If I answered all these questions, it would be a thousand word answer, so I'll touch on some of the rookies.
Dexter Lawrence played 31 snaps on defense, right in between the 28 he played in week 1 and 31 he played in week 2. Lawrence continued to push the depth of the pocket as a pass rusher. According to Pro Football Focus (PFF), he finished the game with a sack, quarterback hit, and a hurry. He was also in on the tackle on a key 2nd and 2 on the Bucs final drive, which led to a punt that preceded Daniel Jones' game winning drive.
Oshane Ximines played 40 snaps, which was 52% of the defensive snaps. He had a sack and a pair of hurries, according to PFF. Ryan Connelly played 92% of the snaps, and was in on two big stops at the end of the game. He tackled Peyton Barber on a 3rd and 2 from the five-yard line in the fourth quarter to force a field goal, and then he filled the hole on a 2nd and 2 on the Bucs next drive to force a run for no gain. He also had an interception in the fourth quarter thrown over the head of and behind Mike Evans.
DeAndre Baker played every defensive snap. To say he shutdown Godwin would be a little strong. According to PFF, Baker was targeted 4 times in the game and gave up 2 catches for 24 yards. He was also called for an illegal contact penalty. Given the fact Winston threw for 380 yards, he might have just been looking elsewhere.
Darius Slayton was in on 45% of the offensive snaps (29 total), and showed how his speed can help make big plays down the field. He caught three of his five targets for 82 yards. His role could continue to increase.
Balance will still be critical for the Giants offense to be successful. Once a team no longer respects a run game, it can play two safeties deep, which makes getting the ball downfield for big plays nearly impossible. Gallman can handle 15-20 carries a game, and he is a competent downhill running back. The running game will still be a part of the offense.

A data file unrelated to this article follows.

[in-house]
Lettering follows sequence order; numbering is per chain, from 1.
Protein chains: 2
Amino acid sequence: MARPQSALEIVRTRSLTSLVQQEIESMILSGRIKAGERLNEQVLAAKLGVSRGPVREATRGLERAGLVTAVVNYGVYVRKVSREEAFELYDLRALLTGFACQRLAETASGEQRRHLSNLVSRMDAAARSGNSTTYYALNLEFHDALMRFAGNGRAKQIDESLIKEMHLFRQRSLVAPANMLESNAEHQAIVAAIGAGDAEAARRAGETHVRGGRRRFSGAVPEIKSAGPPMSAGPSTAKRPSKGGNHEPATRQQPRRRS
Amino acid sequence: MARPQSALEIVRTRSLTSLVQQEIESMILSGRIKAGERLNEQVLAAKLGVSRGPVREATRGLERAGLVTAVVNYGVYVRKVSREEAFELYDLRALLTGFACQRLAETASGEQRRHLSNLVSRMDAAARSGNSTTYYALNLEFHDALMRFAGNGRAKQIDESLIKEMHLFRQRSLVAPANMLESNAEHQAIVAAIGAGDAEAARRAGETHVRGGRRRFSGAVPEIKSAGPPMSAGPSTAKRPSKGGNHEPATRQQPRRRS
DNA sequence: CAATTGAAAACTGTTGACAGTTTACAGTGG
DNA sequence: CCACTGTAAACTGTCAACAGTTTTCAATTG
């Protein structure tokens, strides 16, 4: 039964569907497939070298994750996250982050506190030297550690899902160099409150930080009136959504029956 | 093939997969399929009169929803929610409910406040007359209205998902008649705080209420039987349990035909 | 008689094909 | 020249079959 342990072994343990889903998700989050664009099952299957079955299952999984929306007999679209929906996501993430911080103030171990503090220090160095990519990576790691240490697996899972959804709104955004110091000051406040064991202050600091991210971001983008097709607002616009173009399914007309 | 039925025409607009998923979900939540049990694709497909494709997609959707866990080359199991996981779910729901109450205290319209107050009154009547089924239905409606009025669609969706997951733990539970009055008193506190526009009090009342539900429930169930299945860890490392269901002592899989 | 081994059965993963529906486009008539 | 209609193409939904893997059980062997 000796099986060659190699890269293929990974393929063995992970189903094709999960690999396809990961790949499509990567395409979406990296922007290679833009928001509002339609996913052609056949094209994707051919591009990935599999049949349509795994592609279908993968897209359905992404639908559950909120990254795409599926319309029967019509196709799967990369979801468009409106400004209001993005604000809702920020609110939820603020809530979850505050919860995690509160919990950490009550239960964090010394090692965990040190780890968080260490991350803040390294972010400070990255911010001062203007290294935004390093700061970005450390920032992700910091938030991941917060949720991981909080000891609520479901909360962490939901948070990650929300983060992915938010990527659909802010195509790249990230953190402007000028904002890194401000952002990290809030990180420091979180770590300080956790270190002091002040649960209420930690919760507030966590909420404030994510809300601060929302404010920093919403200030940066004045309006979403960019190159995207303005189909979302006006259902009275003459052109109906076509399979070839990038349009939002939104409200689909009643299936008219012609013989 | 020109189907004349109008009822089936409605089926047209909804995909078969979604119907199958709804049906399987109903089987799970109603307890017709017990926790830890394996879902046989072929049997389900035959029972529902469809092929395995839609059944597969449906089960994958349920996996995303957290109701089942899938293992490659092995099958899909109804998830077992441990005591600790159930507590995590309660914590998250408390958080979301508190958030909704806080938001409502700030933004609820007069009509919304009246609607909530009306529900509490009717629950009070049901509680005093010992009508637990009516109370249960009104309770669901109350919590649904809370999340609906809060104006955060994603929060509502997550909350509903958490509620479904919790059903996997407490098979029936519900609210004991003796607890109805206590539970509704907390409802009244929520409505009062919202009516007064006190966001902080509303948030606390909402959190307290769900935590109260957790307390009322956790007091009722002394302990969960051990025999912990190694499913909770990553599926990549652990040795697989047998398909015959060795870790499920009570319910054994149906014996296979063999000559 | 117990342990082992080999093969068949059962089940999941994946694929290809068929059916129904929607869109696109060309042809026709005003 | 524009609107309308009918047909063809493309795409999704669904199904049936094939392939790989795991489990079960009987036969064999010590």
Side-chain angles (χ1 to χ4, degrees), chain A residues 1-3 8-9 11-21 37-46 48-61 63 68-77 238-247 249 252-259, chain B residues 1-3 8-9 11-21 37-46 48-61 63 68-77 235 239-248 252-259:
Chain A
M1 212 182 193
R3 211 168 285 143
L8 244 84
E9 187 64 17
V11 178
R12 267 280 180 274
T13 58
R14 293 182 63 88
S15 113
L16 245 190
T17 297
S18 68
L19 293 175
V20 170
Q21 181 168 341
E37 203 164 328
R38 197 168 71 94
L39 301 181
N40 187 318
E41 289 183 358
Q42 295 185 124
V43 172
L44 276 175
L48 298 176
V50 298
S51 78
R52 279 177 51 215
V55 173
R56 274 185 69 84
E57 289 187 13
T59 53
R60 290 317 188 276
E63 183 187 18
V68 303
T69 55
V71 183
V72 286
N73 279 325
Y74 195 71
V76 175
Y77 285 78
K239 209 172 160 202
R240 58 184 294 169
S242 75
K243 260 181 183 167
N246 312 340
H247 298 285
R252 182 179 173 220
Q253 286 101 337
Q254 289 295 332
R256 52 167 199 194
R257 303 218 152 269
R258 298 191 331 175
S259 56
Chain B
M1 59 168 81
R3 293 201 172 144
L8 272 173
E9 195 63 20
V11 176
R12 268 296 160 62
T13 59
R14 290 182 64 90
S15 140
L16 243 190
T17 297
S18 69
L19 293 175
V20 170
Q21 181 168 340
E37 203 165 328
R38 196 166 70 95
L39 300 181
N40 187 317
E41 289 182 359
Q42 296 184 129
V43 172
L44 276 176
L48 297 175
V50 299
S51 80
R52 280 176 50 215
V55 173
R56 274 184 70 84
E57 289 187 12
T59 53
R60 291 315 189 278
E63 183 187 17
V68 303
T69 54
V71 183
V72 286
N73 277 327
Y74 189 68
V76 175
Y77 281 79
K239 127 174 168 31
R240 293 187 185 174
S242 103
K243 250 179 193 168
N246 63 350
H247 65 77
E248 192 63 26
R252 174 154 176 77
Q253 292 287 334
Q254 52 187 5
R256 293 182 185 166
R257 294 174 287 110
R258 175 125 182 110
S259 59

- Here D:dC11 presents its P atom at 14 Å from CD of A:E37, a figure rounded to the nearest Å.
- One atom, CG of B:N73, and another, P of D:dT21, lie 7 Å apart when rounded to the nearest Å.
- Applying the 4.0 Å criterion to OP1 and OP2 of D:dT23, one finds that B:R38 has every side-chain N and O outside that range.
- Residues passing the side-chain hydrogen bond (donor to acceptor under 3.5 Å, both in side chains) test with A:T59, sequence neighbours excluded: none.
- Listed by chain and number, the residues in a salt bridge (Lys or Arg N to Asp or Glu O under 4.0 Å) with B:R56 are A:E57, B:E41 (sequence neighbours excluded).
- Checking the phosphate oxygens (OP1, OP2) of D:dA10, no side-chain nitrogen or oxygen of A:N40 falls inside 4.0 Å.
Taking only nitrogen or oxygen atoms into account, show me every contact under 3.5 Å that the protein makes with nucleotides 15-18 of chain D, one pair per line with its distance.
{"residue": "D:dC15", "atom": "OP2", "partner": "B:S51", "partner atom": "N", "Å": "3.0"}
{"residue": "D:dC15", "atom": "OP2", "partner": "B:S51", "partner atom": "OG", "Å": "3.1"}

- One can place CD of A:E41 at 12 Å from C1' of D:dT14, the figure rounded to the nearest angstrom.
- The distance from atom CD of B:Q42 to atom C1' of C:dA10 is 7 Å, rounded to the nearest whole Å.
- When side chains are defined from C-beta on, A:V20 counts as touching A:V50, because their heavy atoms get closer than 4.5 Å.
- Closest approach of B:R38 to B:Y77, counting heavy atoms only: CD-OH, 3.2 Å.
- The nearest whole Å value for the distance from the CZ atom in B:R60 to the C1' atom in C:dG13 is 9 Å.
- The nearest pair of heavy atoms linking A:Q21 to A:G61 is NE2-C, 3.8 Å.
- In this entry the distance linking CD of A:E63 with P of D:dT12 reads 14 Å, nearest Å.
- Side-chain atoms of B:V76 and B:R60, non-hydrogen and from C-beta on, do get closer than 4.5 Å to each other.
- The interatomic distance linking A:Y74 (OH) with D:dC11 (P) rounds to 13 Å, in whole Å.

When you look at how Daniel Jones succeeded in his first start, he was not a one-trick pony. He made plays against pressure, blitzes, and a lot of different coverages. According to PFF, he had a bit more success against cover three than the other looks the Bucs showed, but that was as much a product of Evan Engram's long catch and run as anything else. Teams will likely pay a bit more attention to him as a runner, and if they play man, especially in the red zone, dedicate a defender to prevent him from running for touchdowns. Teams might also try to send some more pressure after him, given his two fumbles and tendency to hold the ball a little too long last week.
It isn't about the Giants coming up with some kind of grand strategy to counter these adjustments. It is only a matter of Jones correcting his mistakes from a week before, executing the plays that are called, and making the right decision with the football. It's really that simple.
Coming out of college, I felt Jones had an arm good enough to make all the NFL throws. When I saw him for the first time up close in the spring and summer, it was obvious his arm would not be a hindrance in the NFL. I'm not sure where the evaluation came from that he couldn't throw hard enough, which I also heard leading up to the draft, but I never agreed with it and the tape didn't show it either.
Jones' first touchdown run was designed well by Pat Shurmur and Mike Shula. It started with jet sweep motion from right to left with Russell Shepard, drawing the defense's eyes to the left. Then he ran a read-option, and faked an inside hand-off to Saquon Barkley. The defense crashed inside, and Jones kept the ball and ran right for the touchdown. Previously on that drive, Jones simulated keeping the ball after hand-offs and saw the defense was not trailing him on the fake.
The second touchdown run came on a pass play where Tampa played man to man on the goal line. The routes cleared out the middle of the field, spare Jordan Whitehead. He left his centerfield position to double-team an already covered Evan Engram, which gave Jones a clear run for the touchdown.